The Offense of Christ

Kevin DeYoung:

C. S. Lewis was right. Jesus cannot be just a good, moral teacher. He said so many audacious, outlandish things that he must either be a liar, a lunatic, or Lord. Jesus was not just one of many pointers; he was the point. Not just a prophet, but the fulfilment of all prophesy. Not just a lord, but the Lord of lords. Not just a godly man, but the God-man.

Our world suggests that there are any number of saviours  and they are not all religious or “spiritual.” The world says, “Here’s what will give you purpose. Here’s what will give you meaning. Here’s what will help you feel like a better person. Here’s what will deal with the guilt you have in your life. Here’s what will give you satisfaction.” The list of saviours is ever expanding: technology, art, diets, sex, entertainment, education, morality, humanitarianism, sincerity, hard work, patriotism, politics. But according to God’s Word, they do not save.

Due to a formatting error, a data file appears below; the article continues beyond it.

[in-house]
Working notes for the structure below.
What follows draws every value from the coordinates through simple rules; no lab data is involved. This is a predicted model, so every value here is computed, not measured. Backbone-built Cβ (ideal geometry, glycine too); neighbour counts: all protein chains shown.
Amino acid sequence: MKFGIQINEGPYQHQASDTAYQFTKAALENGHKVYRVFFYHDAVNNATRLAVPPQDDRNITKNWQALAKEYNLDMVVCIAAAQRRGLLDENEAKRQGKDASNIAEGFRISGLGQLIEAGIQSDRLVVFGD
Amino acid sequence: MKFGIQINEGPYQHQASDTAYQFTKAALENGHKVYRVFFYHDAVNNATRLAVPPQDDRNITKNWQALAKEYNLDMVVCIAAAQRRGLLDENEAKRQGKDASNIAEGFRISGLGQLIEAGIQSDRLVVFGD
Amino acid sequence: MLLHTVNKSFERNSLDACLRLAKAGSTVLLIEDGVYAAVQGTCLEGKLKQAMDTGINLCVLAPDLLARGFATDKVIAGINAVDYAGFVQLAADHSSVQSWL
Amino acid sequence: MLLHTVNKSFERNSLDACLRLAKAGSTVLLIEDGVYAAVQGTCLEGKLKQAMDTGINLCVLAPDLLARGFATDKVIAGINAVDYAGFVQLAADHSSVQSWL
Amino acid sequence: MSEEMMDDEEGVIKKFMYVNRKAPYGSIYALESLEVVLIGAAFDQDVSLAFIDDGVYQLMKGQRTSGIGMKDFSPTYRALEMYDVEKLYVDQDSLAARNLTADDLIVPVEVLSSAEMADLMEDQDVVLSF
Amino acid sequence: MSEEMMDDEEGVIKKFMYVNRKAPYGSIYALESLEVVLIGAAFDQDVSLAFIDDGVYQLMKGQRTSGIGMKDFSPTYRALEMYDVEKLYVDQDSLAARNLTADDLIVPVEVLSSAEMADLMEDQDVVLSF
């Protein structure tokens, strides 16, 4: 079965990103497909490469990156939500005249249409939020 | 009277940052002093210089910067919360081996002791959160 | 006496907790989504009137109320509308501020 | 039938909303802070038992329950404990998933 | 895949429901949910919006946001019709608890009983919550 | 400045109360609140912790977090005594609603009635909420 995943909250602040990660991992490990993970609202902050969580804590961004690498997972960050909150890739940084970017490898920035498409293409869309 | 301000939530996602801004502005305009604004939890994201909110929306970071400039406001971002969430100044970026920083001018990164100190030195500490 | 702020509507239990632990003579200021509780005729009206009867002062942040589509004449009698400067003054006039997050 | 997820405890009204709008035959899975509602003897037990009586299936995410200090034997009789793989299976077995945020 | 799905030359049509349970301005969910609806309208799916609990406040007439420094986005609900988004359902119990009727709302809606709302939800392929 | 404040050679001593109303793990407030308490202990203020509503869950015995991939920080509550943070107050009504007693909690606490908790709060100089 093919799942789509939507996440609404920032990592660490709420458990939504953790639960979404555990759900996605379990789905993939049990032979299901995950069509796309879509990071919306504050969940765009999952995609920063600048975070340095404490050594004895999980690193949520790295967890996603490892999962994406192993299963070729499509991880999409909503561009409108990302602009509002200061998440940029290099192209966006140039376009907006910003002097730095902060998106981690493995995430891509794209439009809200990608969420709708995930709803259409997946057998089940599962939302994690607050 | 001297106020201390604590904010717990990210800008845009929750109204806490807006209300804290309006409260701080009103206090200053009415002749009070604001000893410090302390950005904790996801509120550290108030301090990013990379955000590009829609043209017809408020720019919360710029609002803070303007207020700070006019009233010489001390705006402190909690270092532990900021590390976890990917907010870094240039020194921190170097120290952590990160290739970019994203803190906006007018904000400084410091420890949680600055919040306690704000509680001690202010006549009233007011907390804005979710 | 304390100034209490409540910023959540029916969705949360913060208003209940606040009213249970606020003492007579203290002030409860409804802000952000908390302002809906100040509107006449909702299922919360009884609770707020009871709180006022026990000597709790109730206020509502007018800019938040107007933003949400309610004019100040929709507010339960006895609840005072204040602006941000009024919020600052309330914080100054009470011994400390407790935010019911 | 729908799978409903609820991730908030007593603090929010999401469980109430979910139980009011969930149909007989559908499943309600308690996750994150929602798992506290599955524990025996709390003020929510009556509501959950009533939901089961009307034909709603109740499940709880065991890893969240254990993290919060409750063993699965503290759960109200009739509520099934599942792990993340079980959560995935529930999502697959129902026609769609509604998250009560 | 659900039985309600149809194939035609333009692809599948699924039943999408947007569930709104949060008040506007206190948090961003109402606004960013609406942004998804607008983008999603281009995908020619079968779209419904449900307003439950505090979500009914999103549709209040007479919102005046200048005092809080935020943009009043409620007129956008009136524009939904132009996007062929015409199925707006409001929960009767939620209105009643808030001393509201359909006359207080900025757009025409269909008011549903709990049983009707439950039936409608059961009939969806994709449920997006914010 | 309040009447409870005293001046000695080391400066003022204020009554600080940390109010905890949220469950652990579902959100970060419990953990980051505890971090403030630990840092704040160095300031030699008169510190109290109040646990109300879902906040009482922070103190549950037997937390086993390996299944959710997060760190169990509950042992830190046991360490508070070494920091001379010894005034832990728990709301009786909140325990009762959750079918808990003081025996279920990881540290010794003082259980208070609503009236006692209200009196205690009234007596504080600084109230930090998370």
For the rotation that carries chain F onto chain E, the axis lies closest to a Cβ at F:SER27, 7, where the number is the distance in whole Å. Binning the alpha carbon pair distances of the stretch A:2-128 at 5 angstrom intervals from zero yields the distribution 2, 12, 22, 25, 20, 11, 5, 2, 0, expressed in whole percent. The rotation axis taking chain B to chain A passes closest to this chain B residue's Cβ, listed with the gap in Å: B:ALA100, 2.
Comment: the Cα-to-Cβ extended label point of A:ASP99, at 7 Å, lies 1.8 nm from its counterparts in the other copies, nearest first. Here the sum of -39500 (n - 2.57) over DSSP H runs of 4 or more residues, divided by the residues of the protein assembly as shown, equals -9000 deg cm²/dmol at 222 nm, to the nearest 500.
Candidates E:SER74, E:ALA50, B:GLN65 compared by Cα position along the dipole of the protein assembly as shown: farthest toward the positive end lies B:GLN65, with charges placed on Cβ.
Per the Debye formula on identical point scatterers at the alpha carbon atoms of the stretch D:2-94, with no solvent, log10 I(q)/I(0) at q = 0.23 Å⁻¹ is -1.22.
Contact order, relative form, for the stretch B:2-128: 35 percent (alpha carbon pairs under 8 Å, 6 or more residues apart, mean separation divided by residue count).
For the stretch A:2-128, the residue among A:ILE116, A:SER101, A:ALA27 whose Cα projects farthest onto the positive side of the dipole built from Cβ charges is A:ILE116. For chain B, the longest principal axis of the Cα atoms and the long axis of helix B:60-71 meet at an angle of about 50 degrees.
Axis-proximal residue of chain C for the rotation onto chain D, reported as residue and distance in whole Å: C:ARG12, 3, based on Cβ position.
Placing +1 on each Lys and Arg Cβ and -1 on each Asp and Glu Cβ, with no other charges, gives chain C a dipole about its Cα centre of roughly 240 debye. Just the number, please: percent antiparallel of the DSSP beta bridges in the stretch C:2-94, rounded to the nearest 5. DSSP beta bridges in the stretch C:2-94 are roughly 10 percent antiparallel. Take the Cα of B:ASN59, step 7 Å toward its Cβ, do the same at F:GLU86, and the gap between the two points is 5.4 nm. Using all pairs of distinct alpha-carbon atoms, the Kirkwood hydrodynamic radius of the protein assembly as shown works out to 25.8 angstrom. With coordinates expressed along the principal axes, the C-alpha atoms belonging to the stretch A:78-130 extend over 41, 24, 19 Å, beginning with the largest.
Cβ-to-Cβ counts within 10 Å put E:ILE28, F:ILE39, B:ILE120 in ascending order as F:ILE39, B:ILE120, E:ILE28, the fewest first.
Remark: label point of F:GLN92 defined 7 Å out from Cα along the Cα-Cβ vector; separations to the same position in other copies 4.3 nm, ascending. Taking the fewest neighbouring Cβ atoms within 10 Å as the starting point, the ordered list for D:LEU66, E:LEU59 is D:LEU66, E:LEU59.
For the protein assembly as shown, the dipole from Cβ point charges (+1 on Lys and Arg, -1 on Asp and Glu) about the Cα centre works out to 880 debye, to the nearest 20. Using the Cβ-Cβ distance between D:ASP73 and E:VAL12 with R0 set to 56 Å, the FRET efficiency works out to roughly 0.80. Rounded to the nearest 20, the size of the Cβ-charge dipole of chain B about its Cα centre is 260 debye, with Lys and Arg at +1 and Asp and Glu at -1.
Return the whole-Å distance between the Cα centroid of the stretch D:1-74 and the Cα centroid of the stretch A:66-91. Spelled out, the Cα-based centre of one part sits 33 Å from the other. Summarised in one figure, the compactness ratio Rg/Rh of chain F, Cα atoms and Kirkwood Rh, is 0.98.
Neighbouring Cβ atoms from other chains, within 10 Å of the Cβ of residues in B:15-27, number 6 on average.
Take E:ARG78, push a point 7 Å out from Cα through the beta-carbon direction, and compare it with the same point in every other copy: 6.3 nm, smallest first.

This has always been the offence of Christianity: that we are guilty of sin; we are all in need of a Saviour; and the only Saviour who can truly save is Jesus Christ the Lord.

This was the message that is proclaimed over and over again in the early church. It didn’t matter if the Apostles were talking to Jews or Gentiles, servants or masters, ordinary people or religious people or the highest ranking official in the Romans Empire. The message was the same. Still is. Repent. Believe. Look to Jesus for the forgiveness of your sin. Submit yourself to him. Open your heart to him. Trust in him. Look to him for the hope, the healing, the new life that only he can give.

The scandal of Christianity is that there is only one way. The good news is that despite all of our selfishness and all of our stubbornness and all of our sin, there is still a way.


Peter serves as a pastor-teacher, at home and abroad, resourcing gospel-centred communities.

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